The National Association of Realtors (NAR) will release its latest Existing Home Sales Report tomorrow. Unfortunately, its information on home prices may confuse and even generate troubling headlines. This stems from NAR reporting the median sales price, while other home price indices report repeats sales prices. The vast majority of the repeat sales indices show prices are starting to appreciate again. But the median price reported on Thursday may tell a different story.
Here’s why using the median home price to gauge what’s happening with home values isn’t ideal right now. According to the Center for Real Estate Studies at Wichita State University:
“The median sale price measures the ‘middle’ price of homes that sold, meaning that half of the homes sold for a higher price and half sold for less. While this is a good measure of the typical sale price, it is not very useful for measuring home price appreciation because it is affected by the ‘composition’ of homes that have sold.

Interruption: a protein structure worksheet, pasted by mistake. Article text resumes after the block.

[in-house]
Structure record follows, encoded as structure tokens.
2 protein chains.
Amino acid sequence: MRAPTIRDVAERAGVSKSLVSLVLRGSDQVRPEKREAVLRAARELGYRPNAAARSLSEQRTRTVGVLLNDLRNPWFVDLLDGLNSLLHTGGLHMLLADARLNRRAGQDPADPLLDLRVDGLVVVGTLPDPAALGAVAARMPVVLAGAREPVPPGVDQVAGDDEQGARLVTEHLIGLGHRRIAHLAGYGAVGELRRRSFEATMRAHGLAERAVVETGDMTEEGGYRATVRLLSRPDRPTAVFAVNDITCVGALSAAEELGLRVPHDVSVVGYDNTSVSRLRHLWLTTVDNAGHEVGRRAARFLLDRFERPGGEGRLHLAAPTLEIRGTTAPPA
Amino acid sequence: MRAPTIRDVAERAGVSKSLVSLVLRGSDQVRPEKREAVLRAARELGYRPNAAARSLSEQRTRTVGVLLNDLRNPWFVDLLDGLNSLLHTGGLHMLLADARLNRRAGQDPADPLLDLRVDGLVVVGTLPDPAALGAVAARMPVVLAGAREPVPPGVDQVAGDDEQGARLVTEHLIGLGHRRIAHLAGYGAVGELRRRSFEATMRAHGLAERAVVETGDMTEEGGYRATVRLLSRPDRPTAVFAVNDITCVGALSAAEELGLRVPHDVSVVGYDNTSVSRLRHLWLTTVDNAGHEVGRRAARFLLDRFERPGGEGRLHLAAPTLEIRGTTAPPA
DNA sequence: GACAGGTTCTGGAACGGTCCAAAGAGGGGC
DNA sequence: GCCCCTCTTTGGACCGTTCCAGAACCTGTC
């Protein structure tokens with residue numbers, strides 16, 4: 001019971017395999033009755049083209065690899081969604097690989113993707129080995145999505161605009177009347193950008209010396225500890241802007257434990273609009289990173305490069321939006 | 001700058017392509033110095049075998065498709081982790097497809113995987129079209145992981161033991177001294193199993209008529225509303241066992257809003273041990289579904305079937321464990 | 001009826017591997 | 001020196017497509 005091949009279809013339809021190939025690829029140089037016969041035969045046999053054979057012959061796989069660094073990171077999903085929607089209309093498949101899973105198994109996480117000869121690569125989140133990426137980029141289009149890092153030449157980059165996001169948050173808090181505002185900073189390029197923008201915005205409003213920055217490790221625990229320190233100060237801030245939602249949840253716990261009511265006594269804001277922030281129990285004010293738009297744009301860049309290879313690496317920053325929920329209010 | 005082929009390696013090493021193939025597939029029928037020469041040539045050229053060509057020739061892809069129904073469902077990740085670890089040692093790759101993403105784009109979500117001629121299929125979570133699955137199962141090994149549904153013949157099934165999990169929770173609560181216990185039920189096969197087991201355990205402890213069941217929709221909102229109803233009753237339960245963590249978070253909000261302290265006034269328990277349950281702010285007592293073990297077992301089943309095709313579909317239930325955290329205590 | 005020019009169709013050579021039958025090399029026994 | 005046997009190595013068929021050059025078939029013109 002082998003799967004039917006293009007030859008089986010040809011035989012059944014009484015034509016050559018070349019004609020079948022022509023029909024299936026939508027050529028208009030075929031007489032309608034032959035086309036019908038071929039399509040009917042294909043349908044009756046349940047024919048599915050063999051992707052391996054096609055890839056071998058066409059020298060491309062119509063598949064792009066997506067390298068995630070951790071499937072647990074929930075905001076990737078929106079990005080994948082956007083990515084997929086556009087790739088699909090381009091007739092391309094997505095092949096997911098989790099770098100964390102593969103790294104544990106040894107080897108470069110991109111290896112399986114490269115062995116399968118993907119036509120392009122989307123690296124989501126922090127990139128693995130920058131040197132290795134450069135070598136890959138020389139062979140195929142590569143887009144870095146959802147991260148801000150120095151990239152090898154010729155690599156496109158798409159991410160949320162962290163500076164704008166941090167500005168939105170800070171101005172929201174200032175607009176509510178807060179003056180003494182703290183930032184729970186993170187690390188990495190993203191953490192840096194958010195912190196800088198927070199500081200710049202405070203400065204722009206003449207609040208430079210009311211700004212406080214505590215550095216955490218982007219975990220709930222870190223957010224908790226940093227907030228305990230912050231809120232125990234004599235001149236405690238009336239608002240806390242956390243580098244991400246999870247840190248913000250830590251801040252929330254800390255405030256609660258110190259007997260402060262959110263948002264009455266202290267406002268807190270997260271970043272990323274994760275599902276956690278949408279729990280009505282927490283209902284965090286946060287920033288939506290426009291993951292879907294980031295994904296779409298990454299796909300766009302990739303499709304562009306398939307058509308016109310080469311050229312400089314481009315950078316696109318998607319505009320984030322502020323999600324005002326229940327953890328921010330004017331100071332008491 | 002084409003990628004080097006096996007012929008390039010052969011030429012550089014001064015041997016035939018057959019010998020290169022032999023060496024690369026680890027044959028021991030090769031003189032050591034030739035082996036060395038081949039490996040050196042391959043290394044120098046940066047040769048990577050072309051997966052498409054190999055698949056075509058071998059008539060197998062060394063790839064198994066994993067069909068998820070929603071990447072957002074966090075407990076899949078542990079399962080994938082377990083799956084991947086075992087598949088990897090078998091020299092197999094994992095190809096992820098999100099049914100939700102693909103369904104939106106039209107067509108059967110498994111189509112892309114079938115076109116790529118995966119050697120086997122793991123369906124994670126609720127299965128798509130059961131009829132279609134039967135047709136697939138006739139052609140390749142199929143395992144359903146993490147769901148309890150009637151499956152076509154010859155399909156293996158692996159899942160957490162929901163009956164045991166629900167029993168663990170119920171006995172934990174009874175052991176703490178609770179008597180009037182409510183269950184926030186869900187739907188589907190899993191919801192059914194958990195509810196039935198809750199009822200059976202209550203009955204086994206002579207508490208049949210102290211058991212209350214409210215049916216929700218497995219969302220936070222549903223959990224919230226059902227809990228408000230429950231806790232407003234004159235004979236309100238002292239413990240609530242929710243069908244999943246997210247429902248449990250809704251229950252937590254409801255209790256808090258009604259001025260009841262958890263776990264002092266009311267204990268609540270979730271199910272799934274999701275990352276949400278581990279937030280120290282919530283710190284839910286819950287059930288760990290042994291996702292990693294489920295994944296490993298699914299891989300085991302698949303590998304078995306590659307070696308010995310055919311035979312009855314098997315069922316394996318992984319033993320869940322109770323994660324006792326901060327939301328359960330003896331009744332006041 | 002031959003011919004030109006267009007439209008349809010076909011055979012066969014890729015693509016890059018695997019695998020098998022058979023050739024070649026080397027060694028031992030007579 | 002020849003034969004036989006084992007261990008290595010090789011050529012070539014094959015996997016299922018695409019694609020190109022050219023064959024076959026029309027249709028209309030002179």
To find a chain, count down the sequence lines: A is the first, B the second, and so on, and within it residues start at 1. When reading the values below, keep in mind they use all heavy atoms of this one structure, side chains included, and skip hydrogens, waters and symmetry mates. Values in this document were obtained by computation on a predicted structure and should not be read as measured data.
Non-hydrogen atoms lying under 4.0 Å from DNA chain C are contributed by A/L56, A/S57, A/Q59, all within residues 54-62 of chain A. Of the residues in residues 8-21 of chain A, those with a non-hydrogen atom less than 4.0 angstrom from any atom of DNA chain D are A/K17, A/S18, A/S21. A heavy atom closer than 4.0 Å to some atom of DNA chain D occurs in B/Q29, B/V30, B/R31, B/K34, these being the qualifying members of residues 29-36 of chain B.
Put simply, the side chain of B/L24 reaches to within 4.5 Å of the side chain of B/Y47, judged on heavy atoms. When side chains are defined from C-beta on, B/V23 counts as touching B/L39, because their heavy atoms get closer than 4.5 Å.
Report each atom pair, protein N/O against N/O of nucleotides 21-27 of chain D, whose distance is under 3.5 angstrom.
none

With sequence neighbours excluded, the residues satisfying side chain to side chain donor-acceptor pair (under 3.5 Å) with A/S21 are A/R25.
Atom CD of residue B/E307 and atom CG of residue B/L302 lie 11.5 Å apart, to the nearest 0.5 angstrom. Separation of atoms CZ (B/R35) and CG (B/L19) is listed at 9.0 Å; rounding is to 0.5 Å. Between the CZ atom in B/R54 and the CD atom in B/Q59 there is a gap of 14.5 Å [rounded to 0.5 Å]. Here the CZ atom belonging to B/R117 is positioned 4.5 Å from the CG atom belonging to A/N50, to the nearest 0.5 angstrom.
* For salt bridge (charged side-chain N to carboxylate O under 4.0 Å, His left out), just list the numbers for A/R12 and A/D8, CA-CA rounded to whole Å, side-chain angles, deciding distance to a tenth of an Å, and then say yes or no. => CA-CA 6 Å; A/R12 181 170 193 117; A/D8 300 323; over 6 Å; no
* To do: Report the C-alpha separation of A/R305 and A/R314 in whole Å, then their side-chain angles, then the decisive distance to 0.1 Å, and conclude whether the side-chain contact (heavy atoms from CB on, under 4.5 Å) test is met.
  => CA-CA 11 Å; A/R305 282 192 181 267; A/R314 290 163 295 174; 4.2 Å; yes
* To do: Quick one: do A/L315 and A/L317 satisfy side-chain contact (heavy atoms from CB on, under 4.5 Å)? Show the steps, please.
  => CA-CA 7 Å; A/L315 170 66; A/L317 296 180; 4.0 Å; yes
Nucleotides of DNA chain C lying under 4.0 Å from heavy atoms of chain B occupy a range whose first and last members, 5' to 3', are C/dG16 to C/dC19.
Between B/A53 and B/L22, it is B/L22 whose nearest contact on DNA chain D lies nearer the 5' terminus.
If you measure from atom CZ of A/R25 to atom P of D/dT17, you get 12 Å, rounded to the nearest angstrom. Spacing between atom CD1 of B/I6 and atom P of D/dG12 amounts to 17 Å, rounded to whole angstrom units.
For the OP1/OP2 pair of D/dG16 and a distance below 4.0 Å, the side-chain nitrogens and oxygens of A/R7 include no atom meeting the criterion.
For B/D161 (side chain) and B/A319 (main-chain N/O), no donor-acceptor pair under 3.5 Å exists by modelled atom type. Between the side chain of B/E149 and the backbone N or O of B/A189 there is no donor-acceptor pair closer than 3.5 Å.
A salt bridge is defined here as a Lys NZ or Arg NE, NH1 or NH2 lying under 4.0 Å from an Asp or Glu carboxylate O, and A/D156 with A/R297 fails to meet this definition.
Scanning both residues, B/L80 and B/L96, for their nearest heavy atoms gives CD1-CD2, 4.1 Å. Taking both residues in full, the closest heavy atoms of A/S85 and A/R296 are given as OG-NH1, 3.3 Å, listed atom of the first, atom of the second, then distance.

For example, if more lower-priced homes have sold recently, the median sale price would decline (because the “middle” home is now a lower-priced home), even if the value of each individual home is rising.”
People buy homes based on their monthly mortgage payment, not the price of the house. So when mortgage rates increase, they must buy a less expensive home to keep the monthly expense affordable. As a result, more ‘less-expensive’ houses are selling now, causing the median price to decline. But that doesn’t mean any single home lost value.
Even NAR, an organization that reports on median prices, acknowledges limitations to what this data type can show you. NAR explains:
“Changes in the composition of sales can distort median price data.”
For clarification, here’s a simple explanation of the median value:
- You have three coins in your pocket. Line them up in ascending value (lowest to highest).
- If you have one nickel and two dimes, the median value of the coins (the middle one) in your pocket is ten cents.
- If you have two nickels and one dime, the median value of the coins in your pocket is now five cents.
- In both cases, a nickel is still worth five cents, and a dime is still worth ten cents. But, again, this is because the value of each coin didn’t change.
The same thing applies to today’s real estate market.
Actual home values are going up in most markets. However, the median value reported tomorrow might tell a different story. For a more in-depth understanding of home price movements, let’s connect.